On 16 October, 2017, the Nomadic Empires project held a workshop in Oxford entitled “Assembling a Nomadic Archive”, presented by Kathryn Babayan, Associate Professor at the Department of Near Eastern Studies and the Department of History at the University of Michigan, who specializes in medieval and early-modern Persianate studies; cultural, social, and political histories of Iran, Iraq, Anatolia, and Central Asia; as well as in the studies of gender, sexuality, and subaltern groups.
Kathryn Babayan delivered a presentation about her experiences with assembling a nomadic archive for her case study of the Qizilbash—a tribal Turkic-speaking community with pastoral nomadic roots that served as a backbone for the Safavid imperial ascendance in Iran in the 15th century—the focus of her well-received monograph “Mystics, Monarchs, and Messiahs” (2002). She discussed sources, media, and technologies of nomadic archives and how their material culture is impacted by mobility and displacement. She shared her ideas with the team about the cultural and ‘materialist modes of analysis’ of such archives, while stressing the importance of epics, poetry, and visual media as sources for writing nomadic histories.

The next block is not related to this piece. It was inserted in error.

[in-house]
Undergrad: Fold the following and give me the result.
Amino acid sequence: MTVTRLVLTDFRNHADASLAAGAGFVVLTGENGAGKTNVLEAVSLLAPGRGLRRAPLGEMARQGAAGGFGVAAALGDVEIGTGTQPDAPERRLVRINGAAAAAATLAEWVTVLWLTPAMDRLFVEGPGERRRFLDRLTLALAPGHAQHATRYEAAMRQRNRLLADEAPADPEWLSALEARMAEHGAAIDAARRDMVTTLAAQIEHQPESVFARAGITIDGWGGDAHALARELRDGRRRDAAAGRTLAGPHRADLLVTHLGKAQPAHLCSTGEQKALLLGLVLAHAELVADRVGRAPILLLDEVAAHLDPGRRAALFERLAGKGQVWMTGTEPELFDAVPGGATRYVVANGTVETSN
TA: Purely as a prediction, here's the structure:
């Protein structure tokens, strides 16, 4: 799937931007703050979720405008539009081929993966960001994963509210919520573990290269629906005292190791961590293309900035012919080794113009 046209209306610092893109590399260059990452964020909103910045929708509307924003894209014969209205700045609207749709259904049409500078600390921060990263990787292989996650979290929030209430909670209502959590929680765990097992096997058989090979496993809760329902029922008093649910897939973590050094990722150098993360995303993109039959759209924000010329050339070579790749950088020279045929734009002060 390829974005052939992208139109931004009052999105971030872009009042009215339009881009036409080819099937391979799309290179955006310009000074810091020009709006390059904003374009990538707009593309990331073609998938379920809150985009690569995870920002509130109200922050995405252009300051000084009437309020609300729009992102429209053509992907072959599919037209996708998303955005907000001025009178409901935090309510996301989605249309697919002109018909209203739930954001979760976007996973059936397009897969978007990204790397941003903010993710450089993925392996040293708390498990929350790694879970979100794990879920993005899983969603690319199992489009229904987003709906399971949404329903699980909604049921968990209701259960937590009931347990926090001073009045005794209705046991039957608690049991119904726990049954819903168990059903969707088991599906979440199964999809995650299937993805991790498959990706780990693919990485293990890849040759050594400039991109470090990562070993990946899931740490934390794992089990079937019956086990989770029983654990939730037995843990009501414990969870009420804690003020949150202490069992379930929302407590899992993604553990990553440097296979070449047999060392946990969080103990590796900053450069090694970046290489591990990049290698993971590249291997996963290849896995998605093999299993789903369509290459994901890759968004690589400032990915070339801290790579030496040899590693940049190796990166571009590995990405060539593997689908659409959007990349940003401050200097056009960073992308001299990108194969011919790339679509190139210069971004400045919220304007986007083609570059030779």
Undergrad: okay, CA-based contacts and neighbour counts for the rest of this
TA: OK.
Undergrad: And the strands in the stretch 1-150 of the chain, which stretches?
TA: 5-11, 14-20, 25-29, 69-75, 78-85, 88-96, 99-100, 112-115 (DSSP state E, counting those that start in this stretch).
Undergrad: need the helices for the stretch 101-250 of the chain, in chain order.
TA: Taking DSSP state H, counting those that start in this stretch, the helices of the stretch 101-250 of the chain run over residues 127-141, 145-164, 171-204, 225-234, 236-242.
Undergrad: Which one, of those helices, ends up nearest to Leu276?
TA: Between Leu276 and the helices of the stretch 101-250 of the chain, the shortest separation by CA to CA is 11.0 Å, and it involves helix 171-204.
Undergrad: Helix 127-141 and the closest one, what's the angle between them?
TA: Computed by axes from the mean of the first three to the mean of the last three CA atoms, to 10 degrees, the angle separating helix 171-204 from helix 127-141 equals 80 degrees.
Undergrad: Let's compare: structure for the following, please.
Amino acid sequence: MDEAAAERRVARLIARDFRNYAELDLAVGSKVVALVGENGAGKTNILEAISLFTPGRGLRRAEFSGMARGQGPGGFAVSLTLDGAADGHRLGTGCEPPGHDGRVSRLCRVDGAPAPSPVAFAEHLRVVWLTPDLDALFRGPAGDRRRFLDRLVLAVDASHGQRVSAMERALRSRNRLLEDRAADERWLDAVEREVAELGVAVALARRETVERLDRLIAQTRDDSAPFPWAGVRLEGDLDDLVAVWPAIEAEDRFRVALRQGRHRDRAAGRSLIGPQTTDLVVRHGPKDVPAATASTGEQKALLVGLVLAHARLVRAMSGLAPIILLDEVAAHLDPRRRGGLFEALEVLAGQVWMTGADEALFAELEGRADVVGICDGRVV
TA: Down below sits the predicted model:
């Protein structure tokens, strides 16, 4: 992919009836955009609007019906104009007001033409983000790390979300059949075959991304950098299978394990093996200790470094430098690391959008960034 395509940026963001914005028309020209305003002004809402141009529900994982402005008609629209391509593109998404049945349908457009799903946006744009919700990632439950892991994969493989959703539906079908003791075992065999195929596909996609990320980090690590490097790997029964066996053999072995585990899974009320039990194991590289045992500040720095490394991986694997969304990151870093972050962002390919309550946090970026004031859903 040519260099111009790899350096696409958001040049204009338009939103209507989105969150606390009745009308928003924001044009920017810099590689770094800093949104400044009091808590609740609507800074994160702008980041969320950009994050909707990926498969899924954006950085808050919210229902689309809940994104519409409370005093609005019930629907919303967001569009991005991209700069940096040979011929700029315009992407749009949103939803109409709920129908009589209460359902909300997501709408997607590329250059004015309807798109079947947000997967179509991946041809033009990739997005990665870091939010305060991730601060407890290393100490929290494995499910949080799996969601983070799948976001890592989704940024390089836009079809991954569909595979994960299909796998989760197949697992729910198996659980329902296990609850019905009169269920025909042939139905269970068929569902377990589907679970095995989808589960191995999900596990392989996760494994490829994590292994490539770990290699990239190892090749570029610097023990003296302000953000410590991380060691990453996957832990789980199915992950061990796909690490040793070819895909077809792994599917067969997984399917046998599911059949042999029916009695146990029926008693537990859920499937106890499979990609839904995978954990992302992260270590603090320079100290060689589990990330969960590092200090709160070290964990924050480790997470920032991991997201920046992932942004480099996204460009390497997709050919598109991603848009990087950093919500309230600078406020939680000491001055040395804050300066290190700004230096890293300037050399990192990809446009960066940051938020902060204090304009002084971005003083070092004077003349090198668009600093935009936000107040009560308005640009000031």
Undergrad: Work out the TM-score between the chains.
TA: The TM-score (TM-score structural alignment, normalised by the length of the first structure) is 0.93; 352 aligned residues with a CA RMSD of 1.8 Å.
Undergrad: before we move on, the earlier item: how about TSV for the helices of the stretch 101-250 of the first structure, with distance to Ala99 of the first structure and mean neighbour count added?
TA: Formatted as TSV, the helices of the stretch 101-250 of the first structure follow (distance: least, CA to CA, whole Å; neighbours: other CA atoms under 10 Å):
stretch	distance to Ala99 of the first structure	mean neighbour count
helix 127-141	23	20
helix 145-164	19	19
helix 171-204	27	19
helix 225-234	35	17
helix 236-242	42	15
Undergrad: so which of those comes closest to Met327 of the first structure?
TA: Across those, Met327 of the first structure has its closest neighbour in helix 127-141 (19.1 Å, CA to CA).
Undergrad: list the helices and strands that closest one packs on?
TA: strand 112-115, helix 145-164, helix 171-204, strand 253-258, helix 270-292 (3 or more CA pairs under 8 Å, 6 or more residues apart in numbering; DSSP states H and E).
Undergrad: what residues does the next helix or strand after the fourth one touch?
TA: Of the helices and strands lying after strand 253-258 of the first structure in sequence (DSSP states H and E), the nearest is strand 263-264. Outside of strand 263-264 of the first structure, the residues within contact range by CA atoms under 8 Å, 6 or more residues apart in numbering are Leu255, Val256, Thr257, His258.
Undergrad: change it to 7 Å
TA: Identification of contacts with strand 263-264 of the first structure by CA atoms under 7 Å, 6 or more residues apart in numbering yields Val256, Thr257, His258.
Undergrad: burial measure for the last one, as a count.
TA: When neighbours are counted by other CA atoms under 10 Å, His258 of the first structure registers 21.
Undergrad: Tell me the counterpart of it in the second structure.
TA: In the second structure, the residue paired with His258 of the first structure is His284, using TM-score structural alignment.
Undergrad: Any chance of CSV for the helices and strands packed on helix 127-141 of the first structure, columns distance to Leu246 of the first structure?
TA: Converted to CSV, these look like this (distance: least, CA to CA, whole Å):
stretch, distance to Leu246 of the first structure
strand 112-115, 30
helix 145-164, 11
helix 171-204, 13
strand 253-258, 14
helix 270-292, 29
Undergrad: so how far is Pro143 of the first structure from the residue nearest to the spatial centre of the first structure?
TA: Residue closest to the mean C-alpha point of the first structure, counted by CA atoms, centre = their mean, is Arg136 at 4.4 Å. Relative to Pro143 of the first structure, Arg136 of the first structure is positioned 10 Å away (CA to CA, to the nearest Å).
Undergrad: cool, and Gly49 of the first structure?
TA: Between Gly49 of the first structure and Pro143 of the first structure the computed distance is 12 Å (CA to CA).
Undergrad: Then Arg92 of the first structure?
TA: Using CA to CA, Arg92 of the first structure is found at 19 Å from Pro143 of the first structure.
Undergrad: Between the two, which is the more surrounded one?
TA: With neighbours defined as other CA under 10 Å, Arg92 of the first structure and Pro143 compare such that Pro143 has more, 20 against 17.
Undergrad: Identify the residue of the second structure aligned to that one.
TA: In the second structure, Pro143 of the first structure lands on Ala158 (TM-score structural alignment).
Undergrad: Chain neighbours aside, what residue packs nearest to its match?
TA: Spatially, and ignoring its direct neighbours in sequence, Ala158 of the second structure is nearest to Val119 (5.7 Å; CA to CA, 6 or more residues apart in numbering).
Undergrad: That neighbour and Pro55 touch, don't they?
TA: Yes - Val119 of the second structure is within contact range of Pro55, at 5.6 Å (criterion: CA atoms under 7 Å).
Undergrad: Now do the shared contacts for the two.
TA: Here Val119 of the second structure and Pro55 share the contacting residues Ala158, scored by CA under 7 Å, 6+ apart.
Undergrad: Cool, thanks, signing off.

The team and Dr Babayan explored the questions of who controls the nomadic archive—how and by whom it is constituted and which sources should be considered representative of nomadic lives and agency. The issues of gender (i.e. female presence vs. exclusion in royal scenes of authority) and ethos and aesthetics of mobility (i.e. dynamism, portability) were also the focus of the group discussion. Another central topic of this workshop was the role of Sufi and Shia mysticism and the importance of the religious dimension in nomadic politics, authority, and sovereignty, as it was demonstrated by Babayan in her discussion of the Qizilbash, and corroborated by the case studies of the Golden Horde Mongols, the Khazars, and the Rumies—some of the subjects of the Nomadic Empires team’s monographs.